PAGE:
Firstly, Chadha and Singh don’t have particularly great chemistry, which serves as a millionth reminder that sparks are possible on screen only when good actors meet in well-directed, well-written scenes — look no further than the raging inferno between Singh himself and Aditi Rao Hydari in Sudhir Mishra’s Yeh Saali Zindagi (2011).

Second, the plot is dependent on Ananya being stupid and R&AW being stupider. India’s premier intelligence agency as depicted by Lahore Confidential is even dumber than the spies in Neeraj Pandey’s Baby (2015) that starred Akshay Kumar.

Lahore Confidential movie review A hamhanded spy flick from the man who once gave us Fanaa

Richa Chadha and Arunoday Singh in a still from Lahore Confidential. Image from Twitter

In Ananya’s professional failings though, the script reveals something that goes beyond mindless writing – it reveals the writer’s bias. Those initial chats between Ananya and her mother were not, as it turns out, the innocuous humorous introductory scenes they seemed to be at the time; in fact, they were placed there to establish Ananya as a particular ‘type’ of woman who, in the eyes of the writer (as in the eyes of society at large), is assumed to be emotionally fragile because she is single past a certain socially acceptable age – Ananya in the denouement shows herself up to be the standard, patronising stereotype of the spinster as a lonely, desperate woman, ergo vulnerable, ergo gullible. This pigeon-holing is less blatant than the writing of the Veronica character in Homi Adajania’s Cocktail, and is therefore more likely to appeal to even the supposedly liberal viewers’ subconscious bias. In retrospect it then becomes clear that Yukti was constructed to tick all the checkboxes in Bollywood’s stereotype of a ‘strong’ woman: she drinks, she smokes, she is sexually promiscuous, she swears.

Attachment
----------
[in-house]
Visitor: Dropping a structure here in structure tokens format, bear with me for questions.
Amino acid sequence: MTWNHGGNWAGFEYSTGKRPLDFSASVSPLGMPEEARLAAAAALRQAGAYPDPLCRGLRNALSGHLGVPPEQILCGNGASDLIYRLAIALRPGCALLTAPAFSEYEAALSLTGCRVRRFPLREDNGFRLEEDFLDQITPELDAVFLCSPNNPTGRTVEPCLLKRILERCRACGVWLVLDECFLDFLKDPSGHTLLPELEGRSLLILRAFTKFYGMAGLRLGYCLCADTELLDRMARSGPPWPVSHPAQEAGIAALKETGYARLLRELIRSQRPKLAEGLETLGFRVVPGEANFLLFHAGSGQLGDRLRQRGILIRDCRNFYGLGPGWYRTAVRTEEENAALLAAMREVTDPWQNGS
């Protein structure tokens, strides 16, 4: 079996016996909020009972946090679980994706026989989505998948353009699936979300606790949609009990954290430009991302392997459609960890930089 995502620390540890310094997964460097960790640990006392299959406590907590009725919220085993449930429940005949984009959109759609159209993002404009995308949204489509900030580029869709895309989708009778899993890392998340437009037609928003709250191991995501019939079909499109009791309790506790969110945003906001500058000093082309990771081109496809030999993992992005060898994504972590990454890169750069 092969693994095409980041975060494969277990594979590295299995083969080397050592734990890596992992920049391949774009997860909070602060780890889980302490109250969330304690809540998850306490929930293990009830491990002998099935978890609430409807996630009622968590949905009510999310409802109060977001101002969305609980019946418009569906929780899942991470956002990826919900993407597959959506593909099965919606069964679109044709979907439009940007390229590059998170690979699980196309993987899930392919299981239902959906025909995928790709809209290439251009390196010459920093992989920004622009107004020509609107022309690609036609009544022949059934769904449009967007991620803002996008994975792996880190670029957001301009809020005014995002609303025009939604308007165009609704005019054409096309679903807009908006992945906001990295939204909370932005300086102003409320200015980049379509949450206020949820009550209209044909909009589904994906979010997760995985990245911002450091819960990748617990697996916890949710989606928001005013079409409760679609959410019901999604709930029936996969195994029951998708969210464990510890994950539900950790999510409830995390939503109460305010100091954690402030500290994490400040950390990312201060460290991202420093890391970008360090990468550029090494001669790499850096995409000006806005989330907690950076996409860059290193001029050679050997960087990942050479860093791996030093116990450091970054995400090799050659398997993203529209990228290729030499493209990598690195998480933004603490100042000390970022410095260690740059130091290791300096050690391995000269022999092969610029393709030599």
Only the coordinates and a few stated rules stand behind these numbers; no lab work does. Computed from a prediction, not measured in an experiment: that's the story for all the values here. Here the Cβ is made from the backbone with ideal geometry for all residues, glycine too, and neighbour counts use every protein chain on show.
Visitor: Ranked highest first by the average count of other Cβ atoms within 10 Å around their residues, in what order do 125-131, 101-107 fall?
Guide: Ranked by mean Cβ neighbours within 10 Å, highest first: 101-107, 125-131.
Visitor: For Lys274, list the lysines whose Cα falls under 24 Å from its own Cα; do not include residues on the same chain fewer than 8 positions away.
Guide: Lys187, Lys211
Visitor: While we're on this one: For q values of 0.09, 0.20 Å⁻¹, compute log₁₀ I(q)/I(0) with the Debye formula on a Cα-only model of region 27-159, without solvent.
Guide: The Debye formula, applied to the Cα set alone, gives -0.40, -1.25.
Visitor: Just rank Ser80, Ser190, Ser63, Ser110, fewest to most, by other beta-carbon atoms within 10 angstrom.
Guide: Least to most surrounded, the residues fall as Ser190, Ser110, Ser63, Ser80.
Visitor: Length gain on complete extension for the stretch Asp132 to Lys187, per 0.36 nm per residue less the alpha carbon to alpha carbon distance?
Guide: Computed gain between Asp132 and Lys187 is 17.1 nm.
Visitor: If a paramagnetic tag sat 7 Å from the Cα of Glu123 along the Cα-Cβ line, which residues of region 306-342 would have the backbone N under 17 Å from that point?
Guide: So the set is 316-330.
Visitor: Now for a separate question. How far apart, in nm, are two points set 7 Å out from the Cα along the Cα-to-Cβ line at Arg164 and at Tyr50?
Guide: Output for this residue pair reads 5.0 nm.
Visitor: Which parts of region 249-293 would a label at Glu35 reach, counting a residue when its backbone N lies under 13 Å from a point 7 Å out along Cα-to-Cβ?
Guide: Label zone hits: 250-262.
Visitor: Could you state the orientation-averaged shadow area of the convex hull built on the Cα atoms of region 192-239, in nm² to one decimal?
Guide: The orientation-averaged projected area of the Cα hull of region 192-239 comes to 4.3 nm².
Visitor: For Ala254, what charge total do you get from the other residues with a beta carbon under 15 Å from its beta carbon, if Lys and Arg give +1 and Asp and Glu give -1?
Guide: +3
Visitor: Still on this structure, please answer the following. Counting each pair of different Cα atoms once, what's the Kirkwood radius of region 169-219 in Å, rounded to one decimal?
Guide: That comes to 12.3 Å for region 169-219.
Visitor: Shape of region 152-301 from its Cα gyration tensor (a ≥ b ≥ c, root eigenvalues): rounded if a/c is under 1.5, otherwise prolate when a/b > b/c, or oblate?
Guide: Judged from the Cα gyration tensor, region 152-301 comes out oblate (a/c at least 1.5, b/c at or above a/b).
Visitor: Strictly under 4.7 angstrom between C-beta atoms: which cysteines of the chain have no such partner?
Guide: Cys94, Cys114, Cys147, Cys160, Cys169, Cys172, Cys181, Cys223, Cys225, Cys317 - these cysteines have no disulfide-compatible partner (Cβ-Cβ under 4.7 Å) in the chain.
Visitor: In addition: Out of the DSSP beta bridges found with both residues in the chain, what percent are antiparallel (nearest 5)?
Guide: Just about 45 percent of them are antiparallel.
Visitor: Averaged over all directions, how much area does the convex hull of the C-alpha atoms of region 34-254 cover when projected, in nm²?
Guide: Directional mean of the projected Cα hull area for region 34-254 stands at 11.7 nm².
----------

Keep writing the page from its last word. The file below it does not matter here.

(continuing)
But it is pointless being irritated with such a half-hearted production. Even before the weak writing is revealed, it is hard to see past the entire film’s plastic look and scene after scene with hardly any human beings around in public spaces apart from the principal characters.

Although it has not been publicised as such, Lahore Confidential seems to be a follow-up to Zee5’s 2020 short feature London Confidential, which was about Indian undercover operations in London and was also created by S Hussain Zaidi. London Confidential is deficient reference material for anyone wanting to make a quality espionage flick in Bollywood. If the team of Lahore Confidential wanted inspiration from their home ground, they need not have gone too far back in time: Meghna Gulzar aced the genre with her brilliant Raazi in 2018. Or maybe they could have just rewatched Fanaa?

Lahore Confidential is too tepid to even be infuriating. Where oh where is the Kunal Kohli we once knew?

Lahore Confidential streams on Zee5.

Rating: *